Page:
Meghan's lawyers insist that, at the time of the Fiji state dinner, she did not know that the crown prince was involved in the murder of Khashoggi. (The dinner happened three weeks after the journalist was killed at the Saudi consulate in Istanbul, Turkey; the CIA concluded that the crown prince was involved in the killing two days after Meghan last wore the earrings.) A spokesperson for the Sussexes, in response to The Times piece, said "It's no coincidence that distorted several-year-old accusations aimed at undermining the Duchess are being briefed to the British media shortly before she and the Duke are due to speak openly and honestly about their experience of recent years."
Fashion diplomacy is a curated art form, as royals know that what they wear says so much without ever saying a word. And Meghan is hardly the first name to get caught (in this case, undeservedly so) in a scandal involving the Crown jewels. Here are some of the most controversial jewelry moments in recent royals history that sparked headlines of their own.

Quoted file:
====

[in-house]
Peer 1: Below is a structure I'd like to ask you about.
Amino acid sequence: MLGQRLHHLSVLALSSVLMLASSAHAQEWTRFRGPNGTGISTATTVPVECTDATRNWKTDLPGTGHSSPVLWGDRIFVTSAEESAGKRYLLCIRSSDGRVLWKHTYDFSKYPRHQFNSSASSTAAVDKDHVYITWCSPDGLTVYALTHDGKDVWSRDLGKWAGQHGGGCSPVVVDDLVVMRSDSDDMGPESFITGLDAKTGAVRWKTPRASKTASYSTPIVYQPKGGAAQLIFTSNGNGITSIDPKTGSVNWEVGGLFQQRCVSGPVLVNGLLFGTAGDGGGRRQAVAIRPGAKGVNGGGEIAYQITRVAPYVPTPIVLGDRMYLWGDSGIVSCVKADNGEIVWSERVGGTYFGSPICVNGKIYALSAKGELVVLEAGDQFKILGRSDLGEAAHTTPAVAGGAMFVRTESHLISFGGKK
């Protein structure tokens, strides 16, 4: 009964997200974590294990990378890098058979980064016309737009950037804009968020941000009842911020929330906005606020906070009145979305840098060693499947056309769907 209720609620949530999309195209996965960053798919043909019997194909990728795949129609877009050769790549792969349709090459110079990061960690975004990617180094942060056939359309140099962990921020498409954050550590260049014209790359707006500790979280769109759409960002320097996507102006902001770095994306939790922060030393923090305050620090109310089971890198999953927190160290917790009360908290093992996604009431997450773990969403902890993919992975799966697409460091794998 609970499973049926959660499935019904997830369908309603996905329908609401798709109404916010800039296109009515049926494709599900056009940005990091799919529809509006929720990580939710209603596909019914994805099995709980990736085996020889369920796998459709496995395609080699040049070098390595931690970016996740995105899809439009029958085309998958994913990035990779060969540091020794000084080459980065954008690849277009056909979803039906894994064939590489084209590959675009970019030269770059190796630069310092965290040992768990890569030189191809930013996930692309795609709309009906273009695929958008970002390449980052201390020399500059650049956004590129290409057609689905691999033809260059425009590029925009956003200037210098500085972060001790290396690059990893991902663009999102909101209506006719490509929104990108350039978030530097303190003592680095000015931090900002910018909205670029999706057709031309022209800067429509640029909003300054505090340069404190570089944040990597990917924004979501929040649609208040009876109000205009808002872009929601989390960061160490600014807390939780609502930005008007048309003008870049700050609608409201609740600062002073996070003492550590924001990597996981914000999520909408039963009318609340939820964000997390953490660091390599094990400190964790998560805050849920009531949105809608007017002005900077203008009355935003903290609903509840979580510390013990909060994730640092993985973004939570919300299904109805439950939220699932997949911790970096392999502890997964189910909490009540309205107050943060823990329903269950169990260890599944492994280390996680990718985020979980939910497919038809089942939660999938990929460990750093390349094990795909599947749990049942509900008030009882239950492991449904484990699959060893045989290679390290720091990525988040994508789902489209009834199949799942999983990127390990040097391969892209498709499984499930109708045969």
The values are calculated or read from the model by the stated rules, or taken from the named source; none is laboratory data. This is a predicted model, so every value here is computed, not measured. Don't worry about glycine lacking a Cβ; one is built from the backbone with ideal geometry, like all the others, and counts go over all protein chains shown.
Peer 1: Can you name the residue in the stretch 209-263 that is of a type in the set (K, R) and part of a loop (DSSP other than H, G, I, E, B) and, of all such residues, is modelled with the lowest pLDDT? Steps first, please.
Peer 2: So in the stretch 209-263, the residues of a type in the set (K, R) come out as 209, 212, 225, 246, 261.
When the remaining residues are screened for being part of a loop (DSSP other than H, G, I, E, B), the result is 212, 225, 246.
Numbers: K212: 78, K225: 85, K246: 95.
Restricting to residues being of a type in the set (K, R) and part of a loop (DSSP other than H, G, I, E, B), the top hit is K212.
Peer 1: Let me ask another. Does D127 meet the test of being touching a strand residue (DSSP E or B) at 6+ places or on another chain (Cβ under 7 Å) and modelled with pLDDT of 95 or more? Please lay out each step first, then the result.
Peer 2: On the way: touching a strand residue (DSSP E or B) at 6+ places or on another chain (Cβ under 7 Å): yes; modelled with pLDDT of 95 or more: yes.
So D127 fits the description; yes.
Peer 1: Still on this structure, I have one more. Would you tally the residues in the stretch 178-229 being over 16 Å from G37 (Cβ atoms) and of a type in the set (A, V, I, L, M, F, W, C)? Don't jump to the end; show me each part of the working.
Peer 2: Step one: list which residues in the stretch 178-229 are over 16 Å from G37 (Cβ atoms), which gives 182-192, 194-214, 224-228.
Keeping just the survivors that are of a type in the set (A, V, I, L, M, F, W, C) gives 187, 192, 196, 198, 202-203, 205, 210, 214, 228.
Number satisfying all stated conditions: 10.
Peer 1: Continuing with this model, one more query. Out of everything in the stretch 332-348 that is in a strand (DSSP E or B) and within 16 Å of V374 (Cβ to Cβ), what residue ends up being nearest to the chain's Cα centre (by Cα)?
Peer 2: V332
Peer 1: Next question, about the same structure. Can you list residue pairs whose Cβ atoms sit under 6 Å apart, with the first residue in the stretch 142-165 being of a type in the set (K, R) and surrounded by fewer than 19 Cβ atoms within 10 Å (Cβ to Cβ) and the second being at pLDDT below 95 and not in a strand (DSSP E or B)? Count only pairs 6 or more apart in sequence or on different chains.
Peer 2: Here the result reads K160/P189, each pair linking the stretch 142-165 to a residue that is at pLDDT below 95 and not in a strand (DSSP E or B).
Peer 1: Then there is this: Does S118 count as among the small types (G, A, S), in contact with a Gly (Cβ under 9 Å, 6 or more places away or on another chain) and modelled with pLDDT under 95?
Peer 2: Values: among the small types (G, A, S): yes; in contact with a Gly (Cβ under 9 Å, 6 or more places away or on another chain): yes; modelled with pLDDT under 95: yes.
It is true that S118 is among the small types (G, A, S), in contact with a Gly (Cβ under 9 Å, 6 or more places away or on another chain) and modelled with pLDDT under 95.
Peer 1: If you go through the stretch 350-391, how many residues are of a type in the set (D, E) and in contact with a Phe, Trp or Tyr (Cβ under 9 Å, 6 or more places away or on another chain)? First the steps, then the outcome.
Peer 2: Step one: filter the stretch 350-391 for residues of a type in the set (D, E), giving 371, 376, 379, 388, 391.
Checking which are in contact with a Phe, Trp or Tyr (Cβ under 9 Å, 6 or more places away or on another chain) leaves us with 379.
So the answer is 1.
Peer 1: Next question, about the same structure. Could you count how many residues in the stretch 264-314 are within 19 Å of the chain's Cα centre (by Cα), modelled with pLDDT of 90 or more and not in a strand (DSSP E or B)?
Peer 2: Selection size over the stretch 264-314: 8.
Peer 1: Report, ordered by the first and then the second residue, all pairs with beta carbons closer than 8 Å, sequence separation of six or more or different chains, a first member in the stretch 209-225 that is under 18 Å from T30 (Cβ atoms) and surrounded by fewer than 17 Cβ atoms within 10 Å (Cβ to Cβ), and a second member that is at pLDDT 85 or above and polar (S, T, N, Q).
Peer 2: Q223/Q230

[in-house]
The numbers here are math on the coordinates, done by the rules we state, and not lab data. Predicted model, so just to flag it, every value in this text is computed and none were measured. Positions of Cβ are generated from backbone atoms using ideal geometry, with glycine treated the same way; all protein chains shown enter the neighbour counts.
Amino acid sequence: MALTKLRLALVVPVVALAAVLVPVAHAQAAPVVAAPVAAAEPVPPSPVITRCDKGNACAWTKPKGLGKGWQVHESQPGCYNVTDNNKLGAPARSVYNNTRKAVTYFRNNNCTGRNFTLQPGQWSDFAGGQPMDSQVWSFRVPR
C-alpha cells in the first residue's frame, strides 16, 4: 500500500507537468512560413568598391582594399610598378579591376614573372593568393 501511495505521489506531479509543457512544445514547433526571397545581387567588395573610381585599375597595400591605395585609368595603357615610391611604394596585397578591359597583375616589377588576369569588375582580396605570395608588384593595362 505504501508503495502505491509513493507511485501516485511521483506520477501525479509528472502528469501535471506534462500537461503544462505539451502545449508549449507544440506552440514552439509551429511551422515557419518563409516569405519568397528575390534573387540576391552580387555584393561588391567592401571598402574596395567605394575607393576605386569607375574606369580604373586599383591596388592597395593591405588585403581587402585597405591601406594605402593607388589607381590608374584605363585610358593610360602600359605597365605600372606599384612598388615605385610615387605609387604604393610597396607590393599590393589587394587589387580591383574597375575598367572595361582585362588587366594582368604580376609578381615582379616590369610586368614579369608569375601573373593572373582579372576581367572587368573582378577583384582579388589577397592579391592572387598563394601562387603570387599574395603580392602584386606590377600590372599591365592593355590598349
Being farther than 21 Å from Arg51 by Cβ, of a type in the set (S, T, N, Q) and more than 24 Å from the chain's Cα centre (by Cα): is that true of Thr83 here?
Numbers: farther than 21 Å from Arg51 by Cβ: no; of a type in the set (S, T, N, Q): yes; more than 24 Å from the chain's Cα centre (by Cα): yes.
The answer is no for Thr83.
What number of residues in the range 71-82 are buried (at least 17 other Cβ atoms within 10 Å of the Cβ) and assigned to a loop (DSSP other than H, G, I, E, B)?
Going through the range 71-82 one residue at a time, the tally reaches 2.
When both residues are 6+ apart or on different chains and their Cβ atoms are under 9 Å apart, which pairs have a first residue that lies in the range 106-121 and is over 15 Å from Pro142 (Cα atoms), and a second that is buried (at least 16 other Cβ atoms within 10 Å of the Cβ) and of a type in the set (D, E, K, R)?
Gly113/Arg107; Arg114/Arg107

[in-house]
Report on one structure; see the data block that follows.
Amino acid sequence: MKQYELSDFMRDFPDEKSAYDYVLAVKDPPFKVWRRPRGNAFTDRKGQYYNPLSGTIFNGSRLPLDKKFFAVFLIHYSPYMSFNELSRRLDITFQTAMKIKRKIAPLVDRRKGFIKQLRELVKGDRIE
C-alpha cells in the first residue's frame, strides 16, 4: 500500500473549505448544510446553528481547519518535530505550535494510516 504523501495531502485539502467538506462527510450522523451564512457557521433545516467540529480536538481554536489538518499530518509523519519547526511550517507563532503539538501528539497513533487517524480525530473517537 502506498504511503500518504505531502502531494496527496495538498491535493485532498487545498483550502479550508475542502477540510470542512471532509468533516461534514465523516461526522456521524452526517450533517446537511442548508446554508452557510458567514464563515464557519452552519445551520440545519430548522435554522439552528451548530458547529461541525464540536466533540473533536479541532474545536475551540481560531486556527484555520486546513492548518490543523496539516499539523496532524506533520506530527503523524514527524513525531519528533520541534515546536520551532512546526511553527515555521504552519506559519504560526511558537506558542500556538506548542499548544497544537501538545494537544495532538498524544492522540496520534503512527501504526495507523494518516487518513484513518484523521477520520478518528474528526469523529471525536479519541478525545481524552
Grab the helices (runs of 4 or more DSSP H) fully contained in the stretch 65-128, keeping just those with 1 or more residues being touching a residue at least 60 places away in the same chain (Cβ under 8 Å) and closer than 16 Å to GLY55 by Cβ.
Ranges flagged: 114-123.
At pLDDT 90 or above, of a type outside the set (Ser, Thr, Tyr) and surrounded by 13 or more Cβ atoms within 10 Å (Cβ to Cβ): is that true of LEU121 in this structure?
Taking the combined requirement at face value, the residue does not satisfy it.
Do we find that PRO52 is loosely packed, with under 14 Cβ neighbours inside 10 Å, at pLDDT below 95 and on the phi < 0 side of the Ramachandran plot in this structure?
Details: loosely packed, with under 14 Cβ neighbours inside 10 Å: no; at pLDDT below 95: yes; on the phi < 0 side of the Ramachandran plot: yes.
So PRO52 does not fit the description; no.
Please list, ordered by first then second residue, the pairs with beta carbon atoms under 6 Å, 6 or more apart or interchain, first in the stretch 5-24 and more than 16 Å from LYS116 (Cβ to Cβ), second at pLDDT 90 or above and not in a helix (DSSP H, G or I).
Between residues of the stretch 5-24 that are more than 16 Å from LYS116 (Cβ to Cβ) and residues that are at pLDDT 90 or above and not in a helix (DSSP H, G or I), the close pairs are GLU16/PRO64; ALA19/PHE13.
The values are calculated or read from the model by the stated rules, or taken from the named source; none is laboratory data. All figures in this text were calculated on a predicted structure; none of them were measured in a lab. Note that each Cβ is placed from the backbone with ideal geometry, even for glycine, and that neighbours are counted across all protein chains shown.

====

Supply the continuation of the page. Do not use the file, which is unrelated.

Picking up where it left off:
Diana's "revenge necklace"
The night her estranged husband confessed his adultery in a televised interview, Princess Diana wore a little black dress dubbed the "revenge dress" to a gala at the Serpentine Gallery in London — to worldwide attention. The message the dress sent was obvious — Charles, look at what you're missing out on — but some might have missed the message behind Diana's necklace, a seven-strand pearl choker with a large sapphire and diamond centerpiece – part of a necklace given to Diana by the Queen Mother for her 1981 wedding to Prince Charles. "Glistening at her naked throat, this ornament symbolized Diana's marriage, rank, and defiant blamelessness in the face of her husband's infidelity," The Telegraph said.
Wallis overdoes it
Wallis Simpson, the wife of the former King Edward VIII, who abdicated the throne to marry the twice-divorced Simpson in 1936, was a controversial figure no matter what she wore. But when she arrived at New York's Salvation Army headquarters in the post-War era wearing sables, pearls, a diamond clip, and gigantic sapphire and aquamarine earrings, she was criticized for being completely out of touch and was "condemned for gaudy displays of wealth."